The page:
Treasury Management Internation Logo
Published  10 MIN READ
Please note: this article is over 11 years old. If you feel this article is inaccurate or contains errors get in touch here. Many thanks, TMI

Are We There Yet? SWIFT Corporate Access 2010

by Helen Sanders, Editor

Starting this article has strong overtones of déjà vu for me. Every year, around this time, I write an article outlining the progress that has been made towards the adoption of SWIFTNet for bank connectivity by corporate users. Every year, we talk about how a new initiative, SCORE, Alliance Lite etc. will encourage new users. But nine years on from the launch of the MA-CUG (member-administered closed user group) model for corporate connectivity for SWIFT, and three years since SCORE (standardised corporate environment), it has become clear that while SWIFT connectivity has a valuable role to play, it complements rather than replaces existing connectivity tools. Furthermore, while connectivity is clearly a vital foundation to the bank-to-corporate relationship, it is only one factor in an efficient technology infrastructure and transaction and information flow.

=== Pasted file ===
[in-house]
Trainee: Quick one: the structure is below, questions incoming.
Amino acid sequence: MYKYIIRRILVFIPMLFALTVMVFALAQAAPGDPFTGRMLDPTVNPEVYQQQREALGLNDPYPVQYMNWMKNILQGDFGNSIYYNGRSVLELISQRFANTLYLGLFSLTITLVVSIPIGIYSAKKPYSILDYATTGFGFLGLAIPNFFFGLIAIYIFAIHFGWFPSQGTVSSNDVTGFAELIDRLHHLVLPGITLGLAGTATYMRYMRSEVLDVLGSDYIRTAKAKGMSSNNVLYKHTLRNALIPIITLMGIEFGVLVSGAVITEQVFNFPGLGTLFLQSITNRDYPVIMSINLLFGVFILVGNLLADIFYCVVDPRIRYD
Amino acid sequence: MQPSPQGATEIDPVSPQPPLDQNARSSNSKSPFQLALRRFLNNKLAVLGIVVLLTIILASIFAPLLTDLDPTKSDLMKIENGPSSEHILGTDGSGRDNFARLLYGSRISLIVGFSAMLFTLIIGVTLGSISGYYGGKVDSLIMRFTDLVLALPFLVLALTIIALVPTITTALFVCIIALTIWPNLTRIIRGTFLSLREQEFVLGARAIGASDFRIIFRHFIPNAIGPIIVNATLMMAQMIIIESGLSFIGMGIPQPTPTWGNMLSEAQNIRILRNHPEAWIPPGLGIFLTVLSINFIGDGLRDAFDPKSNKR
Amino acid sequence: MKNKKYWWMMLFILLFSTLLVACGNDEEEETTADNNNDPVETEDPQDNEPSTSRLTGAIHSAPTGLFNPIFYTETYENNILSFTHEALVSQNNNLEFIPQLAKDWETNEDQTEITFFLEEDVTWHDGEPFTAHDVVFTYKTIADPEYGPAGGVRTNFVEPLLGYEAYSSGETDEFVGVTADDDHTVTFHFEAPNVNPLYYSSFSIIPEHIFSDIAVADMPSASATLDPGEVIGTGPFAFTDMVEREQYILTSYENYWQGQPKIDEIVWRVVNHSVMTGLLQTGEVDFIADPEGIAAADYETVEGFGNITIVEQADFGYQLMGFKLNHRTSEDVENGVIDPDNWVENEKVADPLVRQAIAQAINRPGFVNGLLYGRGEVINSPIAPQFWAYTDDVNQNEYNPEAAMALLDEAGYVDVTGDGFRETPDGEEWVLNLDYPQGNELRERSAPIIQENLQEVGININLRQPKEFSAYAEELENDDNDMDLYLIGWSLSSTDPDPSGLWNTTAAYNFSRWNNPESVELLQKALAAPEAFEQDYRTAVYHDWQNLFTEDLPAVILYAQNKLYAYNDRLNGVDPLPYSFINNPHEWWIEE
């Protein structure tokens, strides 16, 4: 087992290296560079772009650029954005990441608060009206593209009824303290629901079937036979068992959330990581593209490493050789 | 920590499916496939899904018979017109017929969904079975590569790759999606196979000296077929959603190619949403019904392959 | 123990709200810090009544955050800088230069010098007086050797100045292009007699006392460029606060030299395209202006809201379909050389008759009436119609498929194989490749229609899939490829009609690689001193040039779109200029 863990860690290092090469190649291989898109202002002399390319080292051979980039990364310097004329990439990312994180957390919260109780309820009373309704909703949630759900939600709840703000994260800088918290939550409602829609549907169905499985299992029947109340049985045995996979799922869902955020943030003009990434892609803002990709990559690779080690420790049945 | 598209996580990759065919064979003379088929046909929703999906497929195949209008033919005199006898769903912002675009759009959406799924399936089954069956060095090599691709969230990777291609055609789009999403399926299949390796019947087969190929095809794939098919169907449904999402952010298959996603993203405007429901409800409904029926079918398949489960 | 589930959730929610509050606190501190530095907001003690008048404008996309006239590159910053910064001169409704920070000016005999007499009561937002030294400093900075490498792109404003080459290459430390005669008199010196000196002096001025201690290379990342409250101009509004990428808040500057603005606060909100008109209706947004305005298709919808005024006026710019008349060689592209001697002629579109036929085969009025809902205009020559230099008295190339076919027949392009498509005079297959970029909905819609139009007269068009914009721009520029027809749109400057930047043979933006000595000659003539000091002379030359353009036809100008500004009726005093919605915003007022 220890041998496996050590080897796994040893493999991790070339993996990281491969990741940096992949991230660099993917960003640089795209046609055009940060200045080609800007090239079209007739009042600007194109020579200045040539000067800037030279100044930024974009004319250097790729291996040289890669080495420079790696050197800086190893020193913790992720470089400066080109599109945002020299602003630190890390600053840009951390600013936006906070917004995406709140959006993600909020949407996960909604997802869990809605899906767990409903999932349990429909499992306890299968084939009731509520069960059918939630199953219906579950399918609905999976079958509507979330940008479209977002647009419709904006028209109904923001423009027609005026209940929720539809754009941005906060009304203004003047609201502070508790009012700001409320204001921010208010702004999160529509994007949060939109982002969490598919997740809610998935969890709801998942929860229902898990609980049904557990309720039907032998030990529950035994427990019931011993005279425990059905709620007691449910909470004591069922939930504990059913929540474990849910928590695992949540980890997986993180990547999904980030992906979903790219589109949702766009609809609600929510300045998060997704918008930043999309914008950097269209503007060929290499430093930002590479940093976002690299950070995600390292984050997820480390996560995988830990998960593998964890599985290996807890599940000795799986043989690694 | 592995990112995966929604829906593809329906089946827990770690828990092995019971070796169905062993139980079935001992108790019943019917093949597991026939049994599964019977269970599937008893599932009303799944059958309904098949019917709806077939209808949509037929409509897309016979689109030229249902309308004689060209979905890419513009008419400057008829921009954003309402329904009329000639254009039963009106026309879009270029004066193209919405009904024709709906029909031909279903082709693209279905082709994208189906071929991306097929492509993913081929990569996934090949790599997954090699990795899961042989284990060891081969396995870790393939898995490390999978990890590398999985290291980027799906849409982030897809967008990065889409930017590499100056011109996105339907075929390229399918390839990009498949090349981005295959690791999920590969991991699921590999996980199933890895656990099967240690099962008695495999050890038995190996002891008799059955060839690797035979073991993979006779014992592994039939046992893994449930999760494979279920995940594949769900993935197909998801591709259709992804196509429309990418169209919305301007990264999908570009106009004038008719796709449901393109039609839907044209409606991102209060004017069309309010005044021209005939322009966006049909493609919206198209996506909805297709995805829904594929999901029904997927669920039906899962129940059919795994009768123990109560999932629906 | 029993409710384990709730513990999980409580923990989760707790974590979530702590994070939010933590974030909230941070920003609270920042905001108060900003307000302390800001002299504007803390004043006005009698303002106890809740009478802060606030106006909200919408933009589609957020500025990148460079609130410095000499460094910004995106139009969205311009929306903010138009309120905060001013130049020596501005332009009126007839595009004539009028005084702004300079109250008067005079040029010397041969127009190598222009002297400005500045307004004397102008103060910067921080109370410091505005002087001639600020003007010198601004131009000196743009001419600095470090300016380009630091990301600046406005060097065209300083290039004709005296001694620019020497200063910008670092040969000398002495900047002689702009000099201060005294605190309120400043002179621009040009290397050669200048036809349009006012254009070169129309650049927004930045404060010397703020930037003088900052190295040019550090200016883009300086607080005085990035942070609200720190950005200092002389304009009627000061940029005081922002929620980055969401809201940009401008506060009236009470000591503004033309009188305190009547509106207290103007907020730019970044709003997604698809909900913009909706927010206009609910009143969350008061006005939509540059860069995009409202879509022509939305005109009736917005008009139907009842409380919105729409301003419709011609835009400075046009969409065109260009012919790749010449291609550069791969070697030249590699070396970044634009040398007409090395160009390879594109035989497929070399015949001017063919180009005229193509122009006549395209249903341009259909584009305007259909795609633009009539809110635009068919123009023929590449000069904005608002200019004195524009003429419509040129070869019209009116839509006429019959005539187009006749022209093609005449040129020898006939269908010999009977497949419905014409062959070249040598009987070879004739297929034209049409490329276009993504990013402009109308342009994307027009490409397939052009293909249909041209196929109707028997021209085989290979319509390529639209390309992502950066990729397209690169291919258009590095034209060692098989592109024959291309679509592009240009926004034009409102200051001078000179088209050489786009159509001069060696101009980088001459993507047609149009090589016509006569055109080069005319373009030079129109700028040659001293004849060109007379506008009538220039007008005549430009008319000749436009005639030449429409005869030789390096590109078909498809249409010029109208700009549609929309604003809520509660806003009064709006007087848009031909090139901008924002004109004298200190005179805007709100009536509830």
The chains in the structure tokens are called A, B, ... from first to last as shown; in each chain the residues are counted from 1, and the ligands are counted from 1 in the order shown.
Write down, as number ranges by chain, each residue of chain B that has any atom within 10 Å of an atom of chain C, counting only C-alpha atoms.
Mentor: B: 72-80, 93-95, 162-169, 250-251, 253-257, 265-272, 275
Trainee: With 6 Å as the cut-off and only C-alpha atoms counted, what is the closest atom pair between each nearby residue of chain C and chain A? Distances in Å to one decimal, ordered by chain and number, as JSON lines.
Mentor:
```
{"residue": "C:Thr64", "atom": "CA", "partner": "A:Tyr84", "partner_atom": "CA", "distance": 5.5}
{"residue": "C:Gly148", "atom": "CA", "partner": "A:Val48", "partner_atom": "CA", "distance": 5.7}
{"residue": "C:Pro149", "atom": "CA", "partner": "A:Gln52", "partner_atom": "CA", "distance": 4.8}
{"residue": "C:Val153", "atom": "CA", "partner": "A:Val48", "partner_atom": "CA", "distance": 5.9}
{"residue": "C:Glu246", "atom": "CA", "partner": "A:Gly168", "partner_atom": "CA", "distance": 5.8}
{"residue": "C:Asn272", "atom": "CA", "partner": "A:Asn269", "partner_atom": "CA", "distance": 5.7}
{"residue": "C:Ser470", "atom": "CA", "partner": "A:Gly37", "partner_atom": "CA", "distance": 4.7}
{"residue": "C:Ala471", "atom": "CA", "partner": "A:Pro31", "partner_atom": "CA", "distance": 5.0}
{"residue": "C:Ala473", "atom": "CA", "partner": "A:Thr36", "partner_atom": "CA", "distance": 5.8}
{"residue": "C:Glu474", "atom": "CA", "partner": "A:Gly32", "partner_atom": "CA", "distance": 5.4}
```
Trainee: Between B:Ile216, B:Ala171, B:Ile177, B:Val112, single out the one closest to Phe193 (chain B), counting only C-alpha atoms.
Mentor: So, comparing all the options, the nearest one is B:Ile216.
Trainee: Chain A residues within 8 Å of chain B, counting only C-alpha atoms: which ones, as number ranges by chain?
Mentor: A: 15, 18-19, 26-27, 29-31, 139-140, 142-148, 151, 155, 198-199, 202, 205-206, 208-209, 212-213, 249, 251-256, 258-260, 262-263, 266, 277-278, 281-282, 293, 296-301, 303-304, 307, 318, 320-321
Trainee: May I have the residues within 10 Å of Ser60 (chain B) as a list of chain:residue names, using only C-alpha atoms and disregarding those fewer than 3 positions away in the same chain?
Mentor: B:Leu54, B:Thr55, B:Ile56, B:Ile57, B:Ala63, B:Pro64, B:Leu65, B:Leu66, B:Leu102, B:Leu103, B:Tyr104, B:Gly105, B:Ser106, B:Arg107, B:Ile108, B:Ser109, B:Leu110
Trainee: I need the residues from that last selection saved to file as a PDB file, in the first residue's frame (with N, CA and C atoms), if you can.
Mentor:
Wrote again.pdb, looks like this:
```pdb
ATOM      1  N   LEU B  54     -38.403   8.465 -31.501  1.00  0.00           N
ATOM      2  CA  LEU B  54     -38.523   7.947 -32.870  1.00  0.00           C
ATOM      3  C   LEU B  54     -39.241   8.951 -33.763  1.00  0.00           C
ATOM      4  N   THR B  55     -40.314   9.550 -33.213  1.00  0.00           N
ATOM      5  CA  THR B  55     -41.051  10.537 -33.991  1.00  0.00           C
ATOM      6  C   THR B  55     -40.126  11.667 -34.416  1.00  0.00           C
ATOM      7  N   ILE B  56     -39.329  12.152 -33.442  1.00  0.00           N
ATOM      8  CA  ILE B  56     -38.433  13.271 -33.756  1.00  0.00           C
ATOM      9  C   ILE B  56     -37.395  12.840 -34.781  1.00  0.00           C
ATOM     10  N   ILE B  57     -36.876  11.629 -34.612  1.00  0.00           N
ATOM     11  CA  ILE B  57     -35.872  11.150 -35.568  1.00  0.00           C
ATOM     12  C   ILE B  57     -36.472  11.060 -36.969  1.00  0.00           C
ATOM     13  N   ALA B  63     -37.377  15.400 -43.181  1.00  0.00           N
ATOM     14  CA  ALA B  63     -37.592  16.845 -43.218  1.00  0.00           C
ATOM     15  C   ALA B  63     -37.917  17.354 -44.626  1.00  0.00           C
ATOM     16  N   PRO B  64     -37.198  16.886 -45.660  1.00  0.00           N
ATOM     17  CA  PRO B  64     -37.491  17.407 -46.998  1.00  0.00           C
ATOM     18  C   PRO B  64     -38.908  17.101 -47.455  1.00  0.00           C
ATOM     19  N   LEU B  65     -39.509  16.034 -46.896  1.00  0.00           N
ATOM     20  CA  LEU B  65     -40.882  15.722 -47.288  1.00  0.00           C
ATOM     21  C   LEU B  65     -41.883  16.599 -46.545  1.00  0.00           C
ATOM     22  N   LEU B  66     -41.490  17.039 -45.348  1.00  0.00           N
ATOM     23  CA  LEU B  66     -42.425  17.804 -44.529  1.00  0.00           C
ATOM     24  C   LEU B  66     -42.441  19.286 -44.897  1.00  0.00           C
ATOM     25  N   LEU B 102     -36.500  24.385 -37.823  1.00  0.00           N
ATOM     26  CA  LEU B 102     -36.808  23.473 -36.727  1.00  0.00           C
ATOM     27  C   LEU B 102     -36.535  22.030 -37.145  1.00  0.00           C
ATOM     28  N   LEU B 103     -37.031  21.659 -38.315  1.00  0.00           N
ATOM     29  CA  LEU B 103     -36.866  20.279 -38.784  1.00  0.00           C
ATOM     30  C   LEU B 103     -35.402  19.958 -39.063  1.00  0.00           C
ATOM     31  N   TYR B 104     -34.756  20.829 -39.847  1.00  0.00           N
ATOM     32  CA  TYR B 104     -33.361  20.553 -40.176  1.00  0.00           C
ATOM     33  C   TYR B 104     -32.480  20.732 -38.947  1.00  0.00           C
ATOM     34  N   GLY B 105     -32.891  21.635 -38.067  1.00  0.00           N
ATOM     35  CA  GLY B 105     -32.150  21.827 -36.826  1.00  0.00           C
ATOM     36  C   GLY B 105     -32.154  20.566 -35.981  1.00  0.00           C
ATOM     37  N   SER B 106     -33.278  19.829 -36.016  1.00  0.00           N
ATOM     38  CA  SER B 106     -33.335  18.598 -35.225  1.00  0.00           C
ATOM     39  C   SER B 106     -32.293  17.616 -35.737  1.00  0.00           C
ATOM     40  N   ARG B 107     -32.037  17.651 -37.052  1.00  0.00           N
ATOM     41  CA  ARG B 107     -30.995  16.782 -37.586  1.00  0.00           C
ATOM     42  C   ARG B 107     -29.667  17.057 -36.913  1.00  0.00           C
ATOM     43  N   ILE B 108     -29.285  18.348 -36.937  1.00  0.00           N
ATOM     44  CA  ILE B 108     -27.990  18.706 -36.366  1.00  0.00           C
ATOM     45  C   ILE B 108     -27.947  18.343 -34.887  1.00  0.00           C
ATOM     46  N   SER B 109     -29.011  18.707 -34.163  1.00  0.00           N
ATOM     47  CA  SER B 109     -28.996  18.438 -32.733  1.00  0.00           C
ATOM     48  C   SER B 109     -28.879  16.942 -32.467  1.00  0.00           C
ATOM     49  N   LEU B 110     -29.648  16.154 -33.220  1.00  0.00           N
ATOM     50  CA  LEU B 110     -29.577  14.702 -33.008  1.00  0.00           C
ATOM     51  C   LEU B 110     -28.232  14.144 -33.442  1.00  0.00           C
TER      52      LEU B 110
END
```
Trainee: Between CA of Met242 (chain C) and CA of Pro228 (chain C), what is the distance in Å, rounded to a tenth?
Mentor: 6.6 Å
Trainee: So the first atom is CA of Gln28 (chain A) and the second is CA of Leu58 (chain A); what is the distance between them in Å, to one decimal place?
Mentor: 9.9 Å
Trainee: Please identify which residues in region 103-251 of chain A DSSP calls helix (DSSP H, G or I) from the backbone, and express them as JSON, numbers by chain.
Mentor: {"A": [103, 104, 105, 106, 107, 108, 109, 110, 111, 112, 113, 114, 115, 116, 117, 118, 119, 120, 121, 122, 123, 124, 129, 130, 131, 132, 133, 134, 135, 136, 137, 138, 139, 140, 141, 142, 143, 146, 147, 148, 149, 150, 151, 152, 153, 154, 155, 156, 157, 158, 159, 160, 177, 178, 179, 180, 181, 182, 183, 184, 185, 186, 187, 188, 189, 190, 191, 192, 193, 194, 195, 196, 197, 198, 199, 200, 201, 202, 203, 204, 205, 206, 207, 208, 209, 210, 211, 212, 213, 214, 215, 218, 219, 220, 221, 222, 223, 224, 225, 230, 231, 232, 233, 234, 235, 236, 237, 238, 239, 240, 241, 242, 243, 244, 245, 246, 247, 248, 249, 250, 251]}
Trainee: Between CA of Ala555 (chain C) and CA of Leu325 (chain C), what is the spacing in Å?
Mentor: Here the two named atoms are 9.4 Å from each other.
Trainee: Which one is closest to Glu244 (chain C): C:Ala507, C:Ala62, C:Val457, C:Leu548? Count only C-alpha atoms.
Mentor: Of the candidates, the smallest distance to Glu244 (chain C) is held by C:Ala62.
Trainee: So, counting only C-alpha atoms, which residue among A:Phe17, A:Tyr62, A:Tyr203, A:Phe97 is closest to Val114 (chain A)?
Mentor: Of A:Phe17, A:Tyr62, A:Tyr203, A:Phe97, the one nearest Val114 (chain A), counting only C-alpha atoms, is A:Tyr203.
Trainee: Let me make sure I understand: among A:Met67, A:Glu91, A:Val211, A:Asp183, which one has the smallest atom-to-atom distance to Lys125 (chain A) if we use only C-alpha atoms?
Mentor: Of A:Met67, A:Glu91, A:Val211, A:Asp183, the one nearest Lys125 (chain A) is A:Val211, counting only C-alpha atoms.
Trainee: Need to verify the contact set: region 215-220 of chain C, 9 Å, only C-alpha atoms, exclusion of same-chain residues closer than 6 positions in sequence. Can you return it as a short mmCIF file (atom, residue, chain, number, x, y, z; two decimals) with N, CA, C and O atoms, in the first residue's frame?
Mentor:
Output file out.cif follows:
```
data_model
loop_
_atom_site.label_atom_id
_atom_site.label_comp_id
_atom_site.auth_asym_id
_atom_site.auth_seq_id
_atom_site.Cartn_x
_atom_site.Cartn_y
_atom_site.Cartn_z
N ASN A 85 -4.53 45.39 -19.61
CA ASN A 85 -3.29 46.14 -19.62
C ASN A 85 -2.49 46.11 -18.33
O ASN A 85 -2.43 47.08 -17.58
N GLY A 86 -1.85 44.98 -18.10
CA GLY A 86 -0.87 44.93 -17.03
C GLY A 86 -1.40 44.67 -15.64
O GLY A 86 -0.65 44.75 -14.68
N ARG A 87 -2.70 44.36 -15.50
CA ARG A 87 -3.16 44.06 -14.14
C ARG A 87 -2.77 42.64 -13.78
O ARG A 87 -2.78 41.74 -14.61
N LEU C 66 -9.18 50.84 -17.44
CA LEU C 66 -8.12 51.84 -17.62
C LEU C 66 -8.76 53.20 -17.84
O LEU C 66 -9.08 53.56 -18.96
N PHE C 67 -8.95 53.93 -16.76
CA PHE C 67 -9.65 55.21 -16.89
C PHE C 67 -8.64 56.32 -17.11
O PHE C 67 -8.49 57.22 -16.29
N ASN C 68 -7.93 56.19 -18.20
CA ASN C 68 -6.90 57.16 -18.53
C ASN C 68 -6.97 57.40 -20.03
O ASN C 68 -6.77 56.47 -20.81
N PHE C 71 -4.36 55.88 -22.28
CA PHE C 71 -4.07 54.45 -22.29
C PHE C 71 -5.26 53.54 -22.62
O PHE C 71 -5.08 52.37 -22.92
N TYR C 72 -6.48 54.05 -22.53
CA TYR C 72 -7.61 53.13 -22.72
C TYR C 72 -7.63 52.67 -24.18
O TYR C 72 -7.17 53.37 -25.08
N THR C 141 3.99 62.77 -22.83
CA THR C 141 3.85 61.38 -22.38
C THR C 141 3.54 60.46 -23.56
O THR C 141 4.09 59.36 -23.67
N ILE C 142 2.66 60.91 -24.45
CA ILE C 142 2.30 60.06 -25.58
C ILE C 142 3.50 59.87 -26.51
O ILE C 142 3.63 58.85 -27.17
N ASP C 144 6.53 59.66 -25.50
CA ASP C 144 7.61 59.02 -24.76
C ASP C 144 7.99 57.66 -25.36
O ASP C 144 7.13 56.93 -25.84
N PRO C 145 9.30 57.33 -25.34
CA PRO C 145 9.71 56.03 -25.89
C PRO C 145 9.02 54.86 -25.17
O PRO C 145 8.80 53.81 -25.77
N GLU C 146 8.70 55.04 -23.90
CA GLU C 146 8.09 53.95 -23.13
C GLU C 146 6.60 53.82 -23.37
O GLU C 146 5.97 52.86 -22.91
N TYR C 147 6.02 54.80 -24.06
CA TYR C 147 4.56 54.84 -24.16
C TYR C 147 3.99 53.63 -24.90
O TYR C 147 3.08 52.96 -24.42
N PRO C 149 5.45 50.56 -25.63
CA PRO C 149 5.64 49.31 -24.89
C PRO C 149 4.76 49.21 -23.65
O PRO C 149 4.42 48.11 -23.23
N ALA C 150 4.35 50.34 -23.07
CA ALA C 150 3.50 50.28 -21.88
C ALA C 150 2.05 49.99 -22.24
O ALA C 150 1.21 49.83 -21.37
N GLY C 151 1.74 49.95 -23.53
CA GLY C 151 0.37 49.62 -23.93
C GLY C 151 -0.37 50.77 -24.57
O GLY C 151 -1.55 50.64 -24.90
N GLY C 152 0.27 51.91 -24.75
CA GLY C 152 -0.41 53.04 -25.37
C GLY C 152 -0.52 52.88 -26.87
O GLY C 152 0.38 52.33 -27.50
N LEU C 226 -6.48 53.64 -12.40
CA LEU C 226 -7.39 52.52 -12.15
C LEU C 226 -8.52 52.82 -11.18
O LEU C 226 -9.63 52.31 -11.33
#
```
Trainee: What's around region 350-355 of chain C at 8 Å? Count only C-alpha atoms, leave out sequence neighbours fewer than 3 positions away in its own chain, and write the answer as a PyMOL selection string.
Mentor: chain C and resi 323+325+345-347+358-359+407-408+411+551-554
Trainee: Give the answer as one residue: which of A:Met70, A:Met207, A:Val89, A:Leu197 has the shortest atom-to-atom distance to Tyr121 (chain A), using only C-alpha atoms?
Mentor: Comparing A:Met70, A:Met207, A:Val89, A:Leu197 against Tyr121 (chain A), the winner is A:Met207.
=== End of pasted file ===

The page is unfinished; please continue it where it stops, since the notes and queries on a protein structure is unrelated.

Importance of connectivity

SIBOS, the annual conference organised by SWIFT, which this year takes place in Amsterdam in late October, attracts only a select number of potential or actual corporate users of SWIFT connectivity to the dedicated Corporate Forum. The fact that more corporates do not choose to attend is not, however, a reflection of lack of interest or lack of recognition of the importance of connectivity. Rather, as Neal Livingston, Managing Director and Global Head, Client Access, Standard Chartered Bank explains,

“For a sophisticated corporate, connectivity is not simply about sending information to a bank, but more about the overall process flow, such as auto-reconciliation and achieving real-time visibility of data. Consequently, we are seeing a subtle but important shift from an emphasis on corporate-to-bank connectivity to integration of the corporate financial supply chain.”
 
Corporate-to-bank connectivity is not a discrete objective, but part of a broader initiative to optimise flows both within and beyond the organisation. One of the outcomes of this is that few corporates engage specifically in connectivity projects, but typically it as one element in a wider project. Neal Livingston, Standard Chartered continues,

Alliance Lite enables smaller, less sophisticated organisations to take advantage of multi-bank connectivity through SWIFT without the need for up-front investment.